But then her district, which President Barack Obama had captured twice, voted for Trump overwhelmingly in 2016 and 2020, and Stefanik read the shifting currents of Republican politics. Power, not ideology, mattered. She became a staunch defender of Trump during his first impeachment and after the election Stefanik supported unsubstantiated claims about 140,000 voting irregularities in the crucial Georgia election. Even after the insurrection on Jan. 6, she stood on the floor of the House that had just been attacked to broadcast her vote against the electoral college results.

Groups like the Club for Growth and conservative leaders like Family Research Council President Tony Perkins have opposed her rise in GOP leadership ranks because of this earlier moderate voting record. And now, Stefanik's likely victory is confirmation that Republican orthodoxy now means loyalty to Trumpism and the Big Lie rather than ideological conservatism.

But in another way, Stefanik represents continuity over change for the Republican Party. The United States has a dark history of voter suppression dating to the end of the Civil War, when White supremacists devised tactics, through laws and vigilante violence, to keep Black voters away from the polls. Republicans became the more racially conservative party beginning in the mid- to late 1960s, and in the past few decades, they have pushed new types of voter suppression measures.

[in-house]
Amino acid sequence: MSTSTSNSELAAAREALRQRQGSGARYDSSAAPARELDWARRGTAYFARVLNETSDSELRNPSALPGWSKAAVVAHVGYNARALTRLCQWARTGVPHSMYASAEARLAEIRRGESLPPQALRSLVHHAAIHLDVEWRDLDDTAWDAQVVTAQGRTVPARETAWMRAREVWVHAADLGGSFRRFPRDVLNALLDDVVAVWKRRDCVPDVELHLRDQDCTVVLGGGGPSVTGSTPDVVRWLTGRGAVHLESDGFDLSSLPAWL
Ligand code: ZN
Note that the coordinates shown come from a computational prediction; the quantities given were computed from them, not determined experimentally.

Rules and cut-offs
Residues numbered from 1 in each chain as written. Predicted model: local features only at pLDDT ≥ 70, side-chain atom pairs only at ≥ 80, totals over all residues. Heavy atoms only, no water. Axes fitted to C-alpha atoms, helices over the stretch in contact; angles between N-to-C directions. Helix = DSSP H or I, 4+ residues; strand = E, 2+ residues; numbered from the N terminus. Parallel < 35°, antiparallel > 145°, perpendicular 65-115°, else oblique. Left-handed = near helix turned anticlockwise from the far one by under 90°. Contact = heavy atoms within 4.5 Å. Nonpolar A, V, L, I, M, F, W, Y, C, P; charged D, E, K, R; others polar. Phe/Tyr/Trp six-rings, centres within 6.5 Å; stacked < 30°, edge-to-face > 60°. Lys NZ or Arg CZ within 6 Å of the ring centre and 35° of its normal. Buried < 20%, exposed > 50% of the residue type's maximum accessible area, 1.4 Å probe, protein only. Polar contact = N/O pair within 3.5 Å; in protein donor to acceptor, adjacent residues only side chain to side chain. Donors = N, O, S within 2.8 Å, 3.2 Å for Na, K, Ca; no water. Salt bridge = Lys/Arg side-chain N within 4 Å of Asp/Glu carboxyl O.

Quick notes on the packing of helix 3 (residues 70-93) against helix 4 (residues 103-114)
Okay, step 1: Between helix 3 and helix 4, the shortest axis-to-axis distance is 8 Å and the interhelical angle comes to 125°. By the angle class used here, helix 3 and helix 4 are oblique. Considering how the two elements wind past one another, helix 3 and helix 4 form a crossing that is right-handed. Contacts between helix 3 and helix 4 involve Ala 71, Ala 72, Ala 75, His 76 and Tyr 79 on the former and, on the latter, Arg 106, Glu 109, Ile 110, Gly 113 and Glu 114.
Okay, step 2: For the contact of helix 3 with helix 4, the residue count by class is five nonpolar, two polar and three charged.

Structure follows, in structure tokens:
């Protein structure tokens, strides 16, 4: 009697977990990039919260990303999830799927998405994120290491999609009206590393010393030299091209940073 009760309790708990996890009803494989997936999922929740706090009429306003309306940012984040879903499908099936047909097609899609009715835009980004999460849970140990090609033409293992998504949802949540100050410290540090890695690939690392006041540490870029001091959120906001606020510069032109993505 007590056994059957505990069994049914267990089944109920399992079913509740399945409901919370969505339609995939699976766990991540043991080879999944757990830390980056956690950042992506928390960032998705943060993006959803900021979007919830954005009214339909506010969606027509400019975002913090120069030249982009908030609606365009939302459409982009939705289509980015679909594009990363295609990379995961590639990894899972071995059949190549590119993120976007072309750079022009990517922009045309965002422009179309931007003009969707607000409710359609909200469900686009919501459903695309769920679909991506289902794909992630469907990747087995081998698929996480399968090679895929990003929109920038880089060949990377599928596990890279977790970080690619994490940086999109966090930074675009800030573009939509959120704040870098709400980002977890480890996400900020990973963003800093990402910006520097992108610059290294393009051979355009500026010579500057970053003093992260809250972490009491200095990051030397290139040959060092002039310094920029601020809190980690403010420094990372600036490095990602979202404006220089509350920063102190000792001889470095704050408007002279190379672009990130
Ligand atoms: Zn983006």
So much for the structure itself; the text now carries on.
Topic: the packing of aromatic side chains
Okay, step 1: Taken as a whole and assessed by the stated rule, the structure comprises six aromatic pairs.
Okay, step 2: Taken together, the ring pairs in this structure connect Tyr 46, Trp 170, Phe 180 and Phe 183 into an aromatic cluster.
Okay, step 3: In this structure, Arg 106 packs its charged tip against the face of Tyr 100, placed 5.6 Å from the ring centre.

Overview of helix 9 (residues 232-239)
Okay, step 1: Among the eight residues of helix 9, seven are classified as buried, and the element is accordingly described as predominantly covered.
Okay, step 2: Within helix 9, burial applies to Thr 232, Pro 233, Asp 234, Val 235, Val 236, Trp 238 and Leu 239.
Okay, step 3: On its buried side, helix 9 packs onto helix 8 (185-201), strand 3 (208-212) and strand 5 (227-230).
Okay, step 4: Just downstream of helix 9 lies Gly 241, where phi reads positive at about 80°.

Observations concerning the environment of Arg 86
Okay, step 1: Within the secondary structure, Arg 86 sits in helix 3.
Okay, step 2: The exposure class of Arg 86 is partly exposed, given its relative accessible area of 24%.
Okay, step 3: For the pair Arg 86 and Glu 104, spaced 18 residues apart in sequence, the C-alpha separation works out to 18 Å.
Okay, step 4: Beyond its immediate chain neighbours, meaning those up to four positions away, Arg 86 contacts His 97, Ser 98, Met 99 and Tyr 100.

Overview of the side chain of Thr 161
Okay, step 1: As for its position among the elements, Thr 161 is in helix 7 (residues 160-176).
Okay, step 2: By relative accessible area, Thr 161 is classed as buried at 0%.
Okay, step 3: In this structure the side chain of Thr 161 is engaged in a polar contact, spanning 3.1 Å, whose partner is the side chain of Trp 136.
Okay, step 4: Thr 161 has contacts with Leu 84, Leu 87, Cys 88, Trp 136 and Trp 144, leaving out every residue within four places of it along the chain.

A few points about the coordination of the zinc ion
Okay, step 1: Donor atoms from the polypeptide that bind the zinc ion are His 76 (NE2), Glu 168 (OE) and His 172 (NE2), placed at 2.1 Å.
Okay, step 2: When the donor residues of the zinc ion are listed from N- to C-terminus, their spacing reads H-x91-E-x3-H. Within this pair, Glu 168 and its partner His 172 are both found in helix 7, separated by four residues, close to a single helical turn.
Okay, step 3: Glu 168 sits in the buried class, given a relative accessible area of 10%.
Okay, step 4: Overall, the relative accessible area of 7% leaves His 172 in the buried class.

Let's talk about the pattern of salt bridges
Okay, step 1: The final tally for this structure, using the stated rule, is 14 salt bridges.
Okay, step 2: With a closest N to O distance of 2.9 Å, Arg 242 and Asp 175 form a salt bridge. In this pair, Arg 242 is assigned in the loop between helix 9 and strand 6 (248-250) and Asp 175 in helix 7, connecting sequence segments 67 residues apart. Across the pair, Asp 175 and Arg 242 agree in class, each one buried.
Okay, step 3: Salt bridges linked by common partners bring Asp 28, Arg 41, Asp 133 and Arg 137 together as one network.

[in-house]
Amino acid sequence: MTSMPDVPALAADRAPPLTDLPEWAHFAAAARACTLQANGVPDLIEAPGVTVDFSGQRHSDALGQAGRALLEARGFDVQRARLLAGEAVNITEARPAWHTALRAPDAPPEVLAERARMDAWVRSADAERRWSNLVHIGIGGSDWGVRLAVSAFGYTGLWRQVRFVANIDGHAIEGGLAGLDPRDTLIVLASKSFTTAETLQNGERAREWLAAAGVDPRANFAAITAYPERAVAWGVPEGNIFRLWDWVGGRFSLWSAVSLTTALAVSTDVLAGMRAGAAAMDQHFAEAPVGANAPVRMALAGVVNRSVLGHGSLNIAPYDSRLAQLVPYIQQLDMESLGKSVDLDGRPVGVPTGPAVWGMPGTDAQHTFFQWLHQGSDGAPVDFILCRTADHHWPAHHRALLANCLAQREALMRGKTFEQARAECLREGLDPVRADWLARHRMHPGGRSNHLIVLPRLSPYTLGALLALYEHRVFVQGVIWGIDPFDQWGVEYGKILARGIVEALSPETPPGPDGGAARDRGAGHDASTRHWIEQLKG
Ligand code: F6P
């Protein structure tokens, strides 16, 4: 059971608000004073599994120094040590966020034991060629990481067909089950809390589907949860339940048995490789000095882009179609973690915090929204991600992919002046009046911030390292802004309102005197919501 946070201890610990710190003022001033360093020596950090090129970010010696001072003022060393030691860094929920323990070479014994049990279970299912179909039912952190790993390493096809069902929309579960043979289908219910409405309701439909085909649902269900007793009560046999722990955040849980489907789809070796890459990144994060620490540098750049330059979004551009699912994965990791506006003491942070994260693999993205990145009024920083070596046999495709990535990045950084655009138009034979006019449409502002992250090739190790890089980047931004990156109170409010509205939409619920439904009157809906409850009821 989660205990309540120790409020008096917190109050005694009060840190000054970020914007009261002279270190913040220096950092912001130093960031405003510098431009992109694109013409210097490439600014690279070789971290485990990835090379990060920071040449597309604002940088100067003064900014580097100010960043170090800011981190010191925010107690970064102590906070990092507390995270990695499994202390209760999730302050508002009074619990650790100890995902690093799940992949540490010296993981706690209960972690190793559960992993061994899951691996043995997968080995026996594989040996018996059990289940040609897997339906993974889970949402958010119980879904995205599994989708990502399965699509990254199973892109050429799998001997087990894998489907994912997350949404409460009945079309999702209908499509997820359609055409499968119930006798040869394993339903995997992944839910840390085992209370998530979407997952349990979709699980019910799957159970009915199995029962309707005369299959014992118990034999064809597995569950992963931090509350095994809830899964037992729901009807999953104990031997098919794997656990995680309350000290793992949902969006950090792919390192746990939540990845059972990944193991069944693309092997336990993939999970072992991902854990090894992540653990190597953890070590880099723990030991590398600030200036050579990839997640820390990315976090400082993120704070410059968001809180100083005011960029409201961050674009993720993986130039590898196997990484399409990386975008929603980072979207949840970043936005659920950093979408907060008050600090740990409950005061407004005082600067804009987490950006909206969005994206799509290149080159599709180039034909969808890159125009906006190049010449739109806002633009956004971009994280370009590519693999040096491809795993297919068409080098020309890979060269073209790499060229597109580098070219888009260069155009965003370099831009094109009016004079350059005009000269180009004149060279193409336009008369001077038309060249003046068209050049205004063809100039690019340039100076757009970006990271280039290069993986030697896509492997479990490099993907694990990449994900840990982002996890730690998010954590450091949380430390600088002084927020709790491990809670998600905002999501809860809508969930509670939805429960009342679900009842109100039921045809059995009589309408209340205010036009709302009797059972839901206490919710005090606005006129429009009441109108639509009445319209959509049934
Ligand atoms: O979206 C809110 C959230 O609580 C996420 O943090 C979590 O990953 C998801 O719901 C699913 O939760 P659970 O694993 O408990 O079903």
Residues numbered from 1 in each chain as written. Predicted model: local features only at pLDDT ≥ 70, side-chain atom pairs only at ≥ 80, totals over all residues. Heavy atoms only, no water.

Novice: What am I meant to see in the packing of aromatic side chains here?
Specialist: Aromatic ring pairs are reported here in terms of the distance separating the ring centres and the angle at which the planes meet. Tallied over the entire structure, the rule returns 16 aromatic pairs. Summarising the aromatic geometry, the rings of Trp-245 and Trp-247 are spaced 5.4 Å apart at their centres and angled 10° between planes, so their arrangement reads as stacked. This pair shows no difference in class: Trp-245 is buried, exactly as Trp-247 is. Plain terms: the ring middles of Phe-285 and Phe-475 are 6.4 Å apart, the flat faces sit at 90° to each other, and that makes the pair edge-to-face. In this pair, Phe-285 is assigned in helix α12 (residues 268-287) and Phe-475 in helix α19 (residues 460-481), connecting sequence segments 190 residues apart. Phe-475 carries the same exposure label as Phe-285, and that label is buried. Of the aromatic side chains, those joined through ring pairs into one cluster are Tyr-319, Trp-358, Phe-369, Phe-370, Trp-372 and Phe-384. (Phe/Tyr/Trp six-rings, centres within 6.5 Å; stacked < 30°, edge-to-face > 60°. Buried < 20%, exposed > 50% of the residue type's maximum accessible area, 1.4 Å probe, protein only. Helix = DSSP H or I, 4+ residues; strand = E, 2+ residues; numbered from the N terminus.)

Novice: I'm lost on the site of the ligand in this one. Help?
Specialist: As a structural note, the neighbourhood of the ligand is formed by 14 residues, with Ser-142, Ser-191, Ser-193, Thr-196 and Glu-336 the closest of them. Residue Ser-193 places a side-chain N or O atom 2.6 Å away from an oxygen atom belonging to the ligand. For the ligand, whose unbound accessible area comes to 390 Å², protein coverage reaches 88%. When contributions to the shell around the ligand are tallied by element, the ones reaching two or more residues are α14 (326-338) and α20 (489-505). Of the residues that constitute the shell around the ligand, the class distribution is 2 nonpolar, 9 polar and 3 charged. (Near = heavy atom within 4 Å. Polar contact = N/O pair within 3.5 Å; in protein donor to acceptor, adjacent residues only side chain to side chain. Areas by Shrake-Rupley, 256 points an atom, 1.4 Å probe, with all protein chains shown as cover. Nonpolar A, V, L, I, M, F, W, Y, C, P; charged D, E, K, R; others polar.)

Democrats have had an easy time exposing Donald Trump as the inheritor of this tradition, because of his age, masculine bravado and racist ramblings. But now Stefanik is adopting his mantle - but cloaking it in a smoother and more modern package. She is not the type to rail against immigrants on social media and it is hard to imagine her telling congresswomen of color to "go back where [they] came from." Yet, despite her track record of trying to diversify the party, she told the Washington Examiner's David Drucker that Trump was "right to focus on the election integrity and election security issues."

Notably Stefanik also praised the efforts of state-level Republicans who have ramped up efforts to make voting harder. In the Texas legislature, for example, Republicans are working on a sweeping measure to clamp down on early voting, limit hours that polling places are open and restrict votes by mail. Exposing the racism behind phrases like "election integrity" and "election security," Texas Republicans claimed to be working to uphold the sanctity of their state constitution, which contained several provisions designed to protect the "purity of the ballot."

Yet, these officials were forced to backtrack and delete provisions tied to this idea after being informed that protecting "the purity of the ballot" was actually a racist code designed to keep Black Texans from voting and leading to the creation of what became known as "White ballots."

Ironically, then, Stefanik's rise manages to mark the decline of conservatism's ideological grip on the GOP, while simultaneously marking the growing visibility of old-fashioned American racism and voter suppression. If anything, this may make the Republican brand of right-wing politics more popular, not less so, particularly among untraditional partisans who might not share the same visions of marriage and family life, but are united in mutual distrust of immigrants, urban voters, the CDC and liberal politicians like Rep. Alexandria Ocasio-Cortez, D-N.Y.

Yet, far from being more liberal, their core ideology is still nativist and exclusionary. By circling the wagons around the Big Lie, the Republican leadership in Congress jeopardizes America's most basic institutions of democracy.

Michelle Nickerson is a Fulbright Scholar and visiting professor at the Heidelberg Center for American Studies in Germany. She is the author of "Mothers of Conservatism: Women and the Postwar Right."